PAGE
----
Help! Is my tarantula molting or dying??

Rinfish

Arachnopeon
Joined
Feb 18, 2017
Messages
48
My G. rosea has been acting a bit off beat for about a month or two now. Shes always been a picky eater, but i think the last few times i purchased crickets she only ate maybe one or two...and that was weeks ago. she lives in a large enough cage where I keep the crickets in with her, and i ended up having to give them to my whip spider because she wouldnt eat.

She was sitting normally this morning, but i just walked by and shes half tilted herself up on the glass. Her legs looked a bit weak (like she was dying), so tried to drop some water in her mouth (I panicked) and she moved off the glass. A few seconds later, she propped herself back up on the glass in the tilted manner (which the picture shows).

She hasnt molted in a long, long time. I would say a year or two.

My first instinct is to dangle a cricket in front of her, but i don't want to stress her out if she is molting...what can I do? :(

Edit: She also made a silk bottom that she is sitting on...classic of a molt. I am still nervous though.
 

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KezyGLA

Arachnoking
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Apr 8, 2016
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3,033
Its overfed.

Arid species will fast for long periods of time, even up to over a year if offered too much food.

Dont worry your T should be fine. Just stop feeding so much and dont leave prey in with T.
 
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Rinfish

Arachnopeon
Joined
Feb 18, 2017
Messages
48
I try to feed once every two weeks, and i keep track of the crickets. She will maybe eat one or two every purchase. I didn't realize I was overfeeding her. Compared to my whip spider, it seemed like she was fasting, or sick.

Thank you for your response, I appreciate the quick answer and the feedback!
 

mconnachan

Arachnoprince
Joined
Aug 5, 2012
Messages
1,246
I try to feed once every two weeks, and i keep track of the crickets. She will maybe eat one or two every purchase. I didn't realize I was overfeeding her. Compared to my whip spider, it seemed like she was fasting, or sick.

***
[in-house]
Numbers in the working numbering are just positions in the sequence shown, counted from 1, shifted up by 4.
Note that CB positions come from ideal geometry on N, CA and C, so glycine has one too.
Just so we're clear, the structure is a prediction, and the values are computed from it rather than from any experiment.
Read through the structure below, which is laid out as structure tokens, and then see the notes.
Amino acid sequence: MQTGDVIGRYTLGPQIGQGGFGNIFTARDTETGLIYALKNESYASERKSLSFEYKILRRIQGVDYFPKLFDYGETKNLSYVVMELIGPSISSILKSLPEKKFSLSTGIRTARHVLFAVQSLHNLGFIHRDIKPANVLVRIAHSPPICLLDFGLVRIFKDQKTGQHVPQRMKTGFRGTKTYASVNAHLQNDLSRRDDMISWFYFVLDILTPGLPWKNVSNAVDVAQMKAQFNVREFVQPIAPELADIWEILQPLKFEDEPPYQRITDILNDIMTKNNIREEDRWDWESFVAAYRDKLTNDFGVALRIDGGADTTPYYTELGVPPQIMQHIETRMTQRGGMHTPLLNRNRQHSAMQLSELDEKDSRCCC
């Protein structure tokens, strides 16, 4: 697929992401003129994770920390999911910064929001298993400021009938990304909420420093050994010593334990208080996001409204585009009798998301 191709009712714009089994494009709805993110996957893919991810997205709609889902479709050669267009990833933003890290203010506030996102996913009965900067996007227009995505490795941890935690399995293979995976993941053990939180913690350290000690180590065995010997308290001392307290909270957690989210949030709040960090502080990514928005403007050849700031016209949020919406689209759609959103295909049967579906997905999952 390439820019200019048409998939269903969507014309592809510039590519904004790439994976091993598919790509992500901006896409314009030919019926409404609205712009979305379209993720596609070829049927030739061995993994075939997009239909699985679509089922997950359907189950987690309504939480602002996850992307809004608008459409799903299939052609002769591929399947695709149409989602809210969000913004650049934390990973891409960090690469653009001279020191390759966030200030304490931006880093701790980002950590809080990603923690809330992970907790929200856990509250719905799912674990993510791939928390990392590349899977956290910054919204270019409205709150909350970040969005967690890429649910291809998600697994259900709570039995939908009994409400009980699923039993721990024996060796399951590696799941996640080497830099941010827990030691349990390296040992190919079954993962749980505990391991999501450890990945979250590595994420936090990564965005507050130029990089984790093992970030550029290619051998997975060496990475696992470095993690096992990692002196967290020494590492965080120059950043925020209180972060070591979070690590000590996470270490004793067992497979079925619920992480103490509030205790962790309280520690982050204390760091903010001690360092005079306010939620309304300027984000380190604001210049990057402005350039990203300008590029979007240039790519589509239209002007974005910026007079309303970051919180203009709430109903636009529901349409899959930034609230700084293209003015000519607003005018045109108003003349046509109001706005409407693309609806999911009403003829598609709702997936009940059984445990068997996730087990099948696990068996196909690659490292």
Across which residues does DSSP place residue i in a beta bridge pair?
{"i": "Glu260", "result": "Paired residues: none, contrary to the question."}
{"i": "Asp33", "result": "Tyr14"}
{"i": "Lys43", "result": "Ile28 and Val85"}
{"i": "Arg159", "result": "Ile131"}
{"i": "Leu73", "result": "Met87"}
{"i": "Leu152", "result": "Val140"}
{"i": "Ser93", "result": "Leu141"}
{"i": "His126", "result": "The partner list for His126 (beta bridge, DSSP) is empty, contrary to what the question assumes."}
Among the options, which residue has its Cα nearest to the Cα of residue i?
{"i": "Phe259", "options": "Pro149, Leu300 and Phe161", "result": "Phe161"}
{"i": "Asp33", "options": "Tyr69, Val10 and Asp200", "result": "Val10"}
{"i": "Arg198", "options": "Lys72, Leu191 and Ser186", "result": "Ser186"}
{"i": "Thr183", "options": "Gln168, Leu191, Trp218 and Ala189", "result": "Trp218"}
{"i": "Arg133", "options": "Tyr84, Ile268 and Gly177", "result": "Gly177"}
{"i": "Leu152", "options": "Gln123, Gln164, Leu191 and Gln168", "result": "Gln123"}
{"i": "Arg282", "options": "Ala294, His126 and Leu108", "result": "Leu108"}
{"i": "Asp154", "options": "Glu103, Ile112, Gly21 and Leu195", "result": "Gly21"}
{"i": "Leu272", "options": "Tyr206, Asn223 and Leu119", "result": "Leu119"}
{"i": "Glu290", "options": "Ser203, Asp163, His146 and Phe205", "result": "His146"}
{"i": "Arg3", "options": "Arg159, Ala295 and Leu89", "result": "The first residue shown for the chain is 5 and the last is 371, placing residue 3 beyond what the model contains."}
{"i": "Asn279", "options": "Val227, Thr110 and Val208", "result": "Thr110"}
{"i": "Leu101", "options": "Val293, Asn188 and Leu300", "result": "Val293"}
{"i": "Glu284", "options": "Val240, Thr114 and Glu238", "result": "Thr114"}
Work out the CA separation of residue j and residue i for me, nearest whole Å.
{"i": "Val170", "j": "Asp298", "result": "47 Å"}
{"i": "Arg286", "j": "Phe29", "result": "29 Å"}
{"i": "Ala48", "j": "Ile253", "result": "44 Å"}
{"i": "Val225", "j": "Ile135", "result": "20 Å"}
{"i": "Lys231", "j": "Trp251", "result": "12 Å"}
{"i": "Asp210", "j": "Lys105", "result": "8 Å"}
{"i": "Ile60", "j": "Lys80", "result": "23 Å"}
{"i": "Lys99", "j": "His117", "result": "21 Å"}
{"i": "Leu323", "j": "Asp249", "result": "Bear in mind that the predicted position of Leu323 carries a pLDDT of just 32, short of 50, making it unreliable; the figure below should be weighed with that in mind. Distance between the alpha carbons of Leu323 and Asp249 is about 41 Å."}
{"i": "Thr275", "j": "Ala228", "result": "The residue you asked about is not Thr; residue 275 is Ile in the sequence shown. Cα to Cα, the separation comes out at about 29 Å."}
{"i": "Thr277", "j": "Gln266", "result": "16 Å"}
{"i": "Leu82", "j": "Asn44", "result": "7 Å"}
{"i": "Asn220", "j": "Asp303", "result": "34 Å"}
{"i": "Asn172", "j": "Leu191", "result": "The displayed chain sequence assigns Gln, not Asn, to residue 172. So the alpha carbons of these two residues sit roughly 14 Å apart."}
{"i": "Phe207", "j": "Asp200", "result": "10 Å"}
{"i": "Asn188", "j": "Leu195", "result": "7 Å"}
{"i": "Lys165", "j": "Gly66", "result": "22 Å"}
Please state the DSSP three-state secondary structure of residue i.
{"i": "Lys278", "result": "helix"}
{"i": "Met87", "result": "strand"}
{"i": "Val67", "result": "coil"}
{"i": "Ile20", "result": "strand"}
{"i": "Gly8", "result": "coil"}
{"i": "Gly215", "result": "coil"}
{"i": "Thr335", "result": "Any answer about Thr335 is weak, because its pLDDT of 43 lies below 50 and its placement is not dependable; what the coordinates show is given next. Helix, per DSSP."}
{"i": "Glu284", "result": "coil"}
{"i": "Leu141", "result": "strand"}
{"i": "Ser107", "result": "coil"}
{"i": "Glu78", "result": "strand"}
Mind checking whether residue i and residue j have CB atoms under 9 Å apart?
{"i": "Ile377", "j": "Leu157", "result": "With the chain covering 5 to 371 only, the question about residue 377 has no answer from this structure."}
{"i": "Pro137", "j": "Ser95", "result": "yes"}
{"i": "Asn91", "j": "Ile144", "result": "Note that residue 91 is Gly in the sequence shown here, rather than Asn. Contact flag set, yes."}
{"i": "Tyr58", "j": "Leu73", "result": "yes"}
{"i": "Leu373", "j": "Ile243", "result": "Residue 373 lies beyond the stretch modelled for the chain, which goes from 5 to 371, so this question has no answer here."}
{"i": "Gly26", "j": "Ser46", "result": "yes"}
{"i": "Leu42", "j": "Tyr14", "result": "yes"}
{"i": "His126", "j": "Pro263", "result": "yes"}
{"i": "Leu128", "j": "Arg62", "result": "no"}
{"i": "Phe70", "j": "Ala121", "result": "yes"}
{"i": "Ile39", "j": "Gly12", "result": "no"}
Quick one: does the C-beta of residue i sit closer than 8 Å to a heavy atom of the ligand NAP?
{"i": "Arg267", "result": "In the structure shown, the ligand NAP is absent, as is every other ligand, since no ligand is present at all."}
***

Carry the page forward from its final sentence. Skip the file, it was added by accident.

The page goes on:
Thank you for your response, I appreciate the quick answer and the feedback!
Your spider is fine, a bit overfed as has been said, a good way to feed is 1 large cricket a week, if it doesn't eat wait a week then try again, if there's no response leave it 2 weeks, BTW I would keep the crickets separately from your T as they can hurt it if she suddenly starts to moult in the night. The abdomen does look quite dark so an upcoming moult wouldn't surprise me, tarantulas can fast for months, but I wouldn't worry, she's had more than her fill by the looks of it, probably just fasting. Grammastolas are renowned for this behaviour.
 

darkness975

dream reaper
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Aug 31, 2012
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3,906
she lives in a large enough cage where I keep the crickets in with her
This is not good. You should never leave prey items in with the spider for more than a few hours. For this species (It's a G. porteri, by the way, not a G. rosea) one cricket every couple of weeks is more than enough food.

With your current process, if the spider did molt, the crickets would devour it alive. Not a pretty sight to see, trust me.

Post some images of the Enclosure please. You may need to correct some aspects of it which we can help you with. It is in the spider's best interest.
 

cold blood

Moderator
Staff member
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Jan 19, 2014
Messages
11,861
I try to feed once every two weeks, and i keep track of the crickets. She will maybe eat one or two every purchase. I didn't realize I was overfeeding her. Compared to my whip spider, it seemed like she was fasting, or sick.

Thank you for your response, I appreciate the quick answer and the feedback!
One single cricket per feeding, once or twice a month s enough to plump any chilean species. Don't worry about over feeding, it won't hurt, it will just make t fast longer and more often.

And fyi, adults of this species typically molt every 3-6 years.

Never leave crickets in with any t....ever.
 
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